Anti-abortion group on campus reignites free speech debate

College campuses are known for supporting differing opinions and ideas, but on Monday, Aug. 27, a different idea was displayed on the main campus in front of Building 6.

Tall graphic images stood in the quad of unborn fetuses and “abortion aftermath.” Pamphlets were strewn about the campus and those handing them out were walking around to passers-by to explain their reasoning.

Member of The Truth Project John Edgar said that “the goal is to educate students on the humanity of the unborn child & the inhumanity of abortion.”

Edgar proceeded to explain that their group has been to 300 college campuses in the U.S. and they have experienced good and bad reactions through them all.

Edgar has a personal connection to anti-abortion activism as his family has gone through the difficulties of “abortion regret.” He states that he didn’t intend to make people angry, nor to harm anyone. He wanted to inform and communicate his story to those who will listen.

Don Blythe is another member of their anti-abortion team who mentions that there are rules to being on our campus as an organization, for example, no blocking walkways and no physical interference. Regardless of what their message is, it’s their First Amendment right, as each member of their group mentioned.

The pamphlets, on the other hand, struck a chord with anyone who flips through them.

”Not all of our sources are cited in our pamphlet,” Edgar

admitted honestly.

Although, Blythe said, “All of our sources are cited, we go out and do research. People are telling us ‘well it’s not a human being yet’ and we did our research.”

Don said that the medical textbooks had shown that when the sperm and egg come together it is “officially” a human being. Ricki Lewis Ph.D., a biologist who also writes college textbooks on Biology, wrote an article for the DNA Science organization in 2013, which states that, “A 4 or 6 week prenatal human is not a fetus — the difference is not arbitrary, it has biological meaning.”

In the same article, Lewis also wrote, “My goal was to provide biological information because I am a biologist. I left the philosophy and bioethics for others.”

Yet Blythe explained that, when someone states that the fetus is not a human being, “they are factually incorrect.”

“I wasn’t going to say anything to them, I was just walking by, I had my pro-choice sign and one of them said to me, ‘Oh, so you’re a baby killer?’” said Hailey Center, a student at Skyline, who was holding a pro-abortion rights sign, next to the anti-abortion group.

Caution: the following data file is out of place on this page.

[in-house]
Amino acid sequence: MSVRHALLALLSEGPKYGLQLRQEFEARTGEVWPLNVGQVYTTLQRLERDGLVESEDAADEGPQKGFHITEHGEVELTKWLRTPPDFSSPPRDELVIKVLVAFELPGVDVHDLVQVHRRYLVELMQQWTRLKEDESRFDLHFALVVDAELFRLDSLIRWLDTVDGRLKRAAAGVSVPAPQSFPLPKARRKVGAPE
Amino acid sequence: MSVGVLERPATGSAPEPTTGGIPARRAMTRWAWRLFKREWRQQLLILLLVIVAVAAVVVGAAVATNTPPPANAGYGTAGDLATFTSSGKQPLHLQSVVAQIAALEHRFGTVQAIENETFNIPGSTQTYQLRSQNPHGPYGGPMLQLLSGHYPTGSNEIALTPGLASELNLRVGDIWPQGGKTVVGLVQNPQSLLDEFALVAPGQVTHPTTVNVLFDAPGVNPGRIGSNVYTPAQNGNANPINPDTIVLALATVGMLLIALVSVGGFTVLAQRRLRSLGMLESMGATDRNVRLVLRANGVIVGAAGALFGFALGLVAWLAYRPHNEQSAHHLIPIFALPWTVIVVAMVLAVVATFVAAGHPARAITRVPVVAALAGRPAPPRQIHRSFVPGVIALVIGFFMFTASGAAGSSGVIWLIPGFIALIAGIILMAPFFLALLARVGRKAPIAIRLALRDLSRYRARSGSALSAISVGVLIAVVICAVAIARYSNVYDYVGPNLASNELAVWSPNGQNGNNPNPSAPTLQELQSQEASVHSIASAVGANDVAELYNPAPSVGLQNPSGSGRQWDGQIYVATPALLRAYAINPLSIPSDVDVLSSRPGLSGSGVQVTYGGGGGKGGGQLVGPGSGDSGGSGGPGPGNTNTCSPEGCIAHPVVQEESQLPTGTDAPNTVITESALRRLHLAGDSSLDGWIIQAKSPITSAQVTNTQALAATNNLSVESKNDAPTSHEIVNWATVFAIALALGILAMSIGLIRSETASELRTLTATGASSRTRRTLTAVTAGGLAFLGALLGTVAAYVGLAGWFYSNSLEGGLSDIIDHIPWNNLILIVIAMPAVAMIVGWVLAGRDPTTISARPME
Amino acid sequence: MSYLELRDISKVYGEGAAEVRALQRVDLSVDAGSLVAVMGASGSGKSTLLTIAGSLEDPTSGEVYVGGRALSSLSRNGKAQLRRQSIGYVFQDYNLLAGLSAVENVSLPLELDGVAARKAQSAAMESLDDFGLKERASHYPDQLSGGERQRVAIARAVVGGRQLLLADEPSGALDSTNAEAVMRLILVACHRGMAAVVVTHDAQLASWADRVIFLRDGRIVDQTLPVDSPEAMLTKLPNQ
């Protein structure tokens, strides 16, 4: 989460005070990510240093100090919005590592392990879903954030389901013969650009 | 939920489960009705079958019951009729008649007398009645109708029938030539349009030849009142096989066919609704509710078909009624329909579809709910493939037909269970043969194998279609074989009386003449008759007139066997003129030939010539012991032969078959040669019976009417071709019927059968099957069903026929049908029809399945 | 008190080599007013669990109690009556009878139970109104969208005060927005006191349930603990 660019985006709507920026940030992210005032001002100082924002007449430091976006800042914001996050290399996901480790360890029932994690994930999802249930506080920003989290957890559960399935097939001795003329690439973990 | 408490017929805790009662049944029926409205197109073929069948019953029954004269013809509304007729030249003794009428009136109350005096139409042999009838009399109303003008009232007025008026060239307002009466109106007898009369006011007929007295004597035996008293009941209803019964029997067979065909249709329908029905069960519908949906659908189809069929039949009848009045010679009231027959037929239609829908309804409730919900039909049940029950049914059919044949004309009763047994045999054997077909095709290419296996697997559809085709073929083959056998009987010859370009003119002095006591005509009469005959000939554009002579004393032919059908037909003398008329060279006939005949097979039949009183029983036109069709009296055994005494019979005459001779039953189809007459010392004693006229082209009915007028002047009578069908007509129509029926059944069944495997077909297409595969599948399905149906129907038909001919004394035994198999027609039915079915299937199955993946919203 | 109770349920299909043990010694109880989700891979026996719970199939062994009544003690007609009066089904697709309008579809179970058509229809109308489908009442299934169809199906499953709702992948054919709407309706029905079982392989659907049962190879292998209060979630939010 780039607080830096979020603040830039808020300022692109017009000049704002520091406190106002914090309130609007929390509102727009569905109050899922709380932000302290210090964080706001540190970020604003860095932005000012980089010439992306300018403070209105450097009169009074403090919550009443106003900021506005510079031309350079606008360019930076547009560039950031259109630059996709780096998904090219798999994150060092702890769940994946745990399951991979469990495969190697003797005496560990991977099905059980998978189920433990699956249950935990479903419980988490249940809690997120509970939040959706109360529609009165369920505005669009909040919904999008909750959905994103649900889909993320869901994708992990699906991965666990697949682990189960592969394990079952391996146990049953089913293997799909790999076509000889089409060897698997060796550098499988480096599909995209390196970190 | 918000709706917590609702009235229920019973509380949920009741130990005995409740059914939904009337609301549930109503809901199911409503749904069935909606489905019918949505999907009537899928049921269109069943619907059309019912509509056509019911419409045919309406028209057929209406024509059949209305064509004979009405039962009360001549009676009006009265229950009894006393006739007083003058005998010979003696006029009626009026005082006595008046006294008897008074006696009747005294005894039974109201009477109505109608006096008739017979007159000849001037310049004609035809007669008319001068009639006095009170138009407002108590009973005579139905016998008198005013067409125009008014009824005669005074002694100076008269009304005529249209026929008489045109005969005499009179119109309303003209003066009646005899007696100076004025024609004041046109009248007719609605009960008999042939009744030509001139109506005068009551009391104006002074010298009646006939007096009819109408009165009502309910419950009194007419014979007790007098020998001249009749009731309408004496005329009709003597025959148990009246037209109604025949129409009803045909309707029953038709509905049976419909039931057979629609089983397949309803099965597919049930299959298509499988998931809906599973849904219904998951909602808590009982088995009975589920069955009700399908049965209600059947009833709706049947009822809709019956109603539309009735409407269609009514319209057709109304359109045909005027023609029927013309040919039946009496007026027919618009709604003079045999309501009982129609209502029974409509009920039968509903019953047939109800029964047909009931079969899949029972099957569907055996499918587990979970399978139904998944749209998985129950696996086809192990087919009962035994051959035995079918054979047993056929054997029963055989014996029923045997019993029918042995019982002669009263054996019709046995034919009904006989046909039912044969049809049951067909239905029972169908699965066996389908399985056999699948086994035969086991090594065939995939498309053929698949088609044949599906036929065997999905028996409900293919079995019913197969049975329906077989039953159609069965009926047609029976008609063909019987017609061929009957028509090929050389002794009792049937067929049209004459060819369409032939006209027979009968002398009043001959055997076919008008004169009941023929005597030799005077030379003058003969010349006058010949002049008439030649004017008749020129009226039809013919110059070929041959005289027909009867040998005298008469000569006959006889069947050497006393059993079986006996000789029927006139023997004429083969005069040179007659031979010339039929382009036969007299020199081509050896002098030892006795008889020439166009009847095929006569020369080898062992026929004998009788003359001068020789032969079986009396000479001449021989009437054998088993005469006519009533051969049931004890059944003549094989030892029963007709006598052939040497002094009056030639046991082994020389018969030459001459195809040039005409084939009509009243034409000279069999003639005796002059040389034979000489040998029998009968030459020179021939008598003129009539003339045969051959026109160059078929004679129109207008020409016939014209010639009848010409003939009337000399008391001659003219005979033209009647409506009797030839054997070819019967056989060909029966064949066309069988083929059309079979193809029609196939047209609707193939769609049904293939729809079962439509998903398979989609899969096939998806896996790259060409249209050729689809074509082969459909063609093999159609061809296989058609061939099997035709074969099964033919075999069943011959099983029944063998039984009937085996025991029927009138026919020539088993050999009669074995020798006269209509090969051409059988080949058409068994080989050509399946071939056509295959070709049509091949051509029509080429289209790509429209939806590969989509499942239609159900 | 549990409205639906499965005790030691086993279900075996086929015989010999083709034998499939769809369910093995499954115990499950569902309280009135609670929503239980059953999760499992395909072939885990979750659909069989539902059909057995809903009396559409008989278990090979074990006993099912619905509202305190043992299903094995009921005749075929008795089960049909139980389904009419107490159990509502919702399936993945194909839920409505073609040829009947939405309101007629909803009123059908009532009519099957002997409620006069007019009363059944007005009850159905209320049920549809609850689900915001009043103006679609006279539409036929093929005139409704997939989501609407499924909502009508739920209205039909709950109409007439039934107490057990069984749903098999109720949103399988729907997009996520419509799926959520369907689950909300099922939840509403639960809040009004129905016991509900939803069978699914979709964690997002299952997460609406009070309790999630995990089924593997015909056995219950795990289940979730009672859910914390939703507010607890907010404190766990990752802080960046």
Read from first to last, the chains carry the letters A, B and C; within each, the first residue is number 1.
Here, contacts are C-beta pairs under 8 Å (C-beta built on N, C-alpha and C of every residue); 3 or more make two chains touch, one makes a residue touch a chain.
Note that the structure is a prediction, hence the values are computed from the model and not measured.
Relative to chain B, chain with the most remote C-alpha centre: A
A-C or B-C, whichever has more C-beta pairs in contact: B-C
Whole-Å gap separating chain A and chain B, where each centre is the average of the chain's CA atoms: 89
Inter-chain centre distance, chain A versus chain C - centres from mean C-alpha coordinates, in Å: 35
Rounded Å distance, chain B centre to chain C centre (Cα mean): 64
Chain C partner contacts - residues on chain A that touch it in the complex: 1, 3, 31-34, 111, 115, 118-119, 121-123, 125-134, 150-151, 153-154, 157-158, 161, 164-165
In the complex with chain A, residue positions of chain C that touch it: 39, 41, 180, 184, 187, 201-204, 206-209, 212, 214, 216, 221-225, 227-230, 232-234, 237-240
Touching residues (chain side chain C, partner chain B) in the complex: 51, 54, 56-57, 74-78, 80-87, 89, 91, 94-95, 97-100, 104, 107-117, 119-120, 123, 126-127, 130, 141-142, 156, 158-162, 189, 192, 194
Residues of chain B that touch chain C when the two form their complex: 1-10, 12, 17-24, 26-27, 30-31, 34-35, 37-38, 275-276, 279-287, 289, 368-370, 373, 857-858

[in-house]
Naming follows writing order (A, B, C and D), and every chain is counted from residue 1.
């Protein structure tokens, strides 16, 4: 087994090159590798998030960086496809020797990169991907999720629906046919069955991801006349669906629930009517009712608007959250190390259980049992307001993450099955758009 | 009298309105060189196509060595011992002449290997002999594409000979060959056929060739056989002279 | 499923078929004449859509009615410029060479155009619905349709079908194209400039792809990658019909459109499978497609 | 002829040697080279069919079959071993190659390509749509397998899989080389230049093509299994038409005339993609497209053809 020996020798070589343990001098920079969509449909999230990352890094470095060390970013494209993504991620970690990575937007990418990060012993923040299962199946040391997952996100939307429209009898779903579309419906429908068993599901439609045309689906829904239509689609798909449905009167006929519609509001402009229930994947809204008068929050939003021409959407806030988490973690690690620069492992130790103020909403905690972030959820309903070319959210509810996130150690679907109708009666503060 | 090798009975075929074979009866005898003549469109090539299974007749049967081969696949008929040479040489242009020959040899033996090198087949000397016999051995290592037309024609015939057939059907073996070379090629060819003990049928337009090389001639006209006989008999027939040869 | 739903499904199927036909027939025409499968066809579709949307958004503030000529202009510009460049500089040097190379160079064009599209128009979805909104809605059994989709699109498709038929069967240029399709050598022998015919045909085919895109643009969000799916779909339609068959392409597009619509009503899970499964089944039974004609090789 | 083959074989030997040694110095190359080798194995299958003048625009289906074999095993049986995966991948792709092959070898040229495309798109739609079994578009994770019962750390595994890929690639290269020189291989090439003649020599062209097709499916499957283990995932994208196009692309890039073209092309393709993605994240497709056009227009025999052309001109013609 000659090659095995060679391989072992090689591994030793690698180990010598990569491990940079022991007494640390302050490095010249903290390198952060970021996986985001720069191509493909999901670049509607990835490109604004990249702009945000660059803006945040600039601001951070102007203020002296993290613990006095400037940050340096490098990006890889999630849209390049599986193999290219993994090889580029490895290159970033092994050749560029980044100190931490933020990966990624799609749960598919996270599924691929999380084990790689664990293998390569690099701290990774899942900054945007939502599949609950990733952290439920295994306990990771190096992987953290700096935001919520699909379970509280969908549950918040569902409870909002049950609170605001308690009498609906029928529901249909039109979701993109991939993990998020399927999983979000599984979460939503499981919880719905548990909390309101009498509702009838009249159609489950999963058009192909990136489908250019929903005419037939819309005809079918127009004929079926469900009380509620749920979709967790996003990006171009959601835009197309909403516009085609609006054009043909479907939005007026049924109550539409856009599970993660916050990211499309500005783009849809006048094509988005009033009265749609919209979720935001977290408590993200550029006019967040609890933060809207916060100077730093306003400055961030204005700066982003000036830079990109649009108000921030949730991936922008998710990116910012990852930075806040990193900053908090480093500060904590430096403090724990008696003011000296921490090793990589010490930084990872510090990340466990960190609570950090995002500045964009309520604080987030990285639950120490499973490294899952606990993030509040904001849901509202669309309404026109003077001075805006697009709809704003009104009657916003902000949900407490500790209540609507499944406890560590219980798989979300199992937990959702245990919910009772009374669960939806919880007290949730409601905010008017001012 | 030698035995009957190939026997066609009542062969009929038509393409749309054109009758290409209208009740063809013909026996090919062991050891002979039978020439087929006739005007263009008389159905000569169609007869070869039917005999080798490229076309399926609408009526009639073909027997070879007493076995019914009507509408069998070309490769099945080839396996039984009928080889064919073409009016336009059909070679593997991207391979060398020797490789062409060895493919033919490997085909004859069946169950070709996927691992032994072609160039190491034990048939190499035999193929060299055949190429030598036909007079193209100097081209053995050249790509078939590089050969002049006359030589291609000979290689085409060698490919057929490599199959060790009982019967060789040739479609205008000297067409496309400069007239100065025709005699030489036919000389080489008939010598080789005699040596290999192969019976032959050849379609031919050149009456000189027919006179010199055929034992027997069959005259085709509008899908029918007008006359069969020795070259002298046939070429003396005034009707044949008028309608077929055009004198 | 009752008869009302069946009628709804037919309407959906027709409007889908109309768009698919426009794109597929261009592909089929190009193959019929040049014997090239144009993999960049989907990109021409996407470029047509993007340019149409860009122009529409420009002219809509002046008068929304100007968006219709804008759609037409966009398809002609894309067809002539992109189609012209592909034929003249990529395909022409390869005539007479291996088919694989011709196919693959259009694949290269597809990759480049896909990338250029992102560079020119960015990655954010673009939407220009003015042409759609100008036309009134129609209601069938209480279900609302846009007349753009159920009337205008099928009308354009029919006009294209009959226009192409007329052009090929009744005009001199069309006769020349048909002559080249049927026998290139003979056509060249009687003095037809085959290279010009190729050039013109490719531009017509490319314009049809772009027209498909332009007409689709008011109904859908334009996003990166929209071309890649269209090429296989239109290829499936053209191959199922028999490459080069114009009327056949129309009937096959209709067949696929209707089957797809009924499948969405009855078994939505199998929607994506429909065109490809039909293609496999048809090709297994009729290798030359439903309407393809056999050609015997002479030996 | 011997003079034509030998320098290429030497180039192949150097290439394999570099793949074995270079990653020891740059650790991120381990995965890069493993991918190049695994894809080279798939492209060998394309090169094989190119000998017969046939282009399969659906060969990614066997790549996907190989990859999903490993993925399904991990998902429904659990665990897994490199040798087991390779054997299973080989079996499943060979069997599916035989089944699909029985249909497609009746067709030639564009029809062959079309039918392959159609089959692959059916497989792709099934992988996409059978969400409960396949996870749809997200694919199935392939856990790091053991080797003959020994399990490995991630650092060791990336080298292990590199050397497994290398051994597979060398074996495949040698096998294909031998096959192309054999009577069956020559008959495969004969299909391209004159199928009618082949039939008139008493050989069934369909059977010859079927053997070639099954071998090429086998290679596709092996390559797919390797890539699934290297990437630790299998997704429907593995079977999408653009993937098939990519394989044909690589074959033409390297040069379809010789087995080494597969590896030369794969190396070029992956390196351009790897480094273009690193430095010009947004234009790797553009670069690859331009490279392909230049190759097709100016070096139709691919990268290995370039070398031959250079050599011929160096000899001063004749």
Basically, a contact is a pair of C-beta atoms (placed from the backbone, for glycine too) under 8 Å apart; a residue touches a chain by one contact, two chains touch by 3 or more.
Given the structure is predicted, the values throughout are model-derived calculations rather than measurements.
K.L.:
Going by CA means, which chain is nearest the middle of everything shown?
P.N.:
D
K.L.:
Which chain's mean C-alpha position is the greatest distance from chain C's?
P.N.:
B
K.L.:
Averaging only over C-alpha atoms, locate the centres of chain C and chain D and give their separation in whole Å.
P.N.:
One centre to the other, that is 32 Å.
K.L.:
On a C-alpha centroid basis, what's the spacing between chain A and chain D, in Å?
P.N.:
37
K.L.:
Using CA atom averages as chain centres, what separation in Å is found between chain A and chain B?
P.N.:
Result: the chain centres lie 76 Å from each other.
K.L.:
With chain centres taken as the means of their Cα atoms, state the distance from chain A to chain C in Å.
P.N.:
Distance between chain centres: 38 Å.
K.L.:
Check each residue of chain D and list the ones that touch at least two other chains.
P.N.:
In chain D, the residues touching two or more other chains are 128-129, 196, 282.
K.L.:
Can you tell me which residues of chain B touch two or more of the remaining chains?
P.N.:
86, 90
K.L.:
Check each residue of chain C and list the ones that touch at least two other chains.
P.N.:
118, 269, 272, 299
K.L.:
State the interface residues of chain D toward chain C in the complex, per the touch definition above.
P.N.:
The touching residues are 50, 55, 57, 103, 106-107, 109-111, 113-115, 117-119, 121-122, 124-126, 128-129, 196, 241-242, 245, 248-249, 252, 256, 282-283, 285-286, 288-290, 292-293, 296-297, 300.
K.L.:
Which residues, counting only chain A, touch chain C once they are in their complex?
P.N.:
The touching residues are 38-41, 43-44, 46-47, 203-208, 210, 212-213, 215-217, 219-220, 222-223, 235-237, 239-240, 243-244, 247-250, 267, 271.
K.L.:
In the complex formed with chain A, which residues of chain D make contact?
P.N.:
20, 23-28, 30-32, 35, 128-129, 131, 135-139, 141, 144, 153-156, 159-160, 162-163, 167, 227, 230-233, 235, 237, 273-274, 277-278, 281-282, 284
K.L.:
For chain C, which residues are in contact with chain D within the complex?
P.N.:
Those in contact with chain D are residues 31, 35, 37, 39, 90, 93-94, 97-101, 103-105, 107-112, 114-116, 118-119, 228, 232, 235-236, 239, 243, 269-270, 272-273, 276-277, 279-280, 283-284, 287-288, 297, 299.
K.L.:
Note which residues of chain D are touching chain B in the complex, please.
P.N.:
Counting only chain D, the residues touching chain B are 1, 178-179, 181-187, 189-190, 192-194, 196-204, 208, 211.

Center was quiet while she was standing with her sign and felt unwelcome in her school. She spoke out about how she and others were feeling towards The Truth Project members.

“You’re making people cry, making them feel unwanted at school, is that really what we’re here for?” said Center to The Truth Project members. She also added, “Making abortion illegal will not make it go away, it will make it unsafe.”

Many students were affected and triggered by the people of Project Truth. The content that they came with, that being the images or stories were graphic to many on campus.

Don Blythe, explained that the images were there to scare people and to prevent future abortions because of how ugly the graphics were.

“They are shaming people for making their own choice, There are children from the Child Care Center walking around here, there was a student hiding in the back, crying, because of these images.” said Stephanie Thompson, a student who had a pro-abortion rights sign as well.

Susan Stack, another Skyline student, questioned an anti-abortion team member who refused to respond to her. She asked him questions about how they had found the information on Planned Parenthood and he proceeded to tell her she was a nuisance and wouldn’t respond otherwise.

“If you’re going to stand on a college campus filled with intellectuals with strong opinions, you should come prepared to support yours instead of pushing back.” Stack said.

Susan also mentions the “swarming” of these team members. When she would start a discussion with one of them, they all circled around her. If their actions were clearly steered towards sharing information instead of forcing information, Stack said her reaction would have been different.


This article has been updated to reflect the correct name of the organization, Project Truth.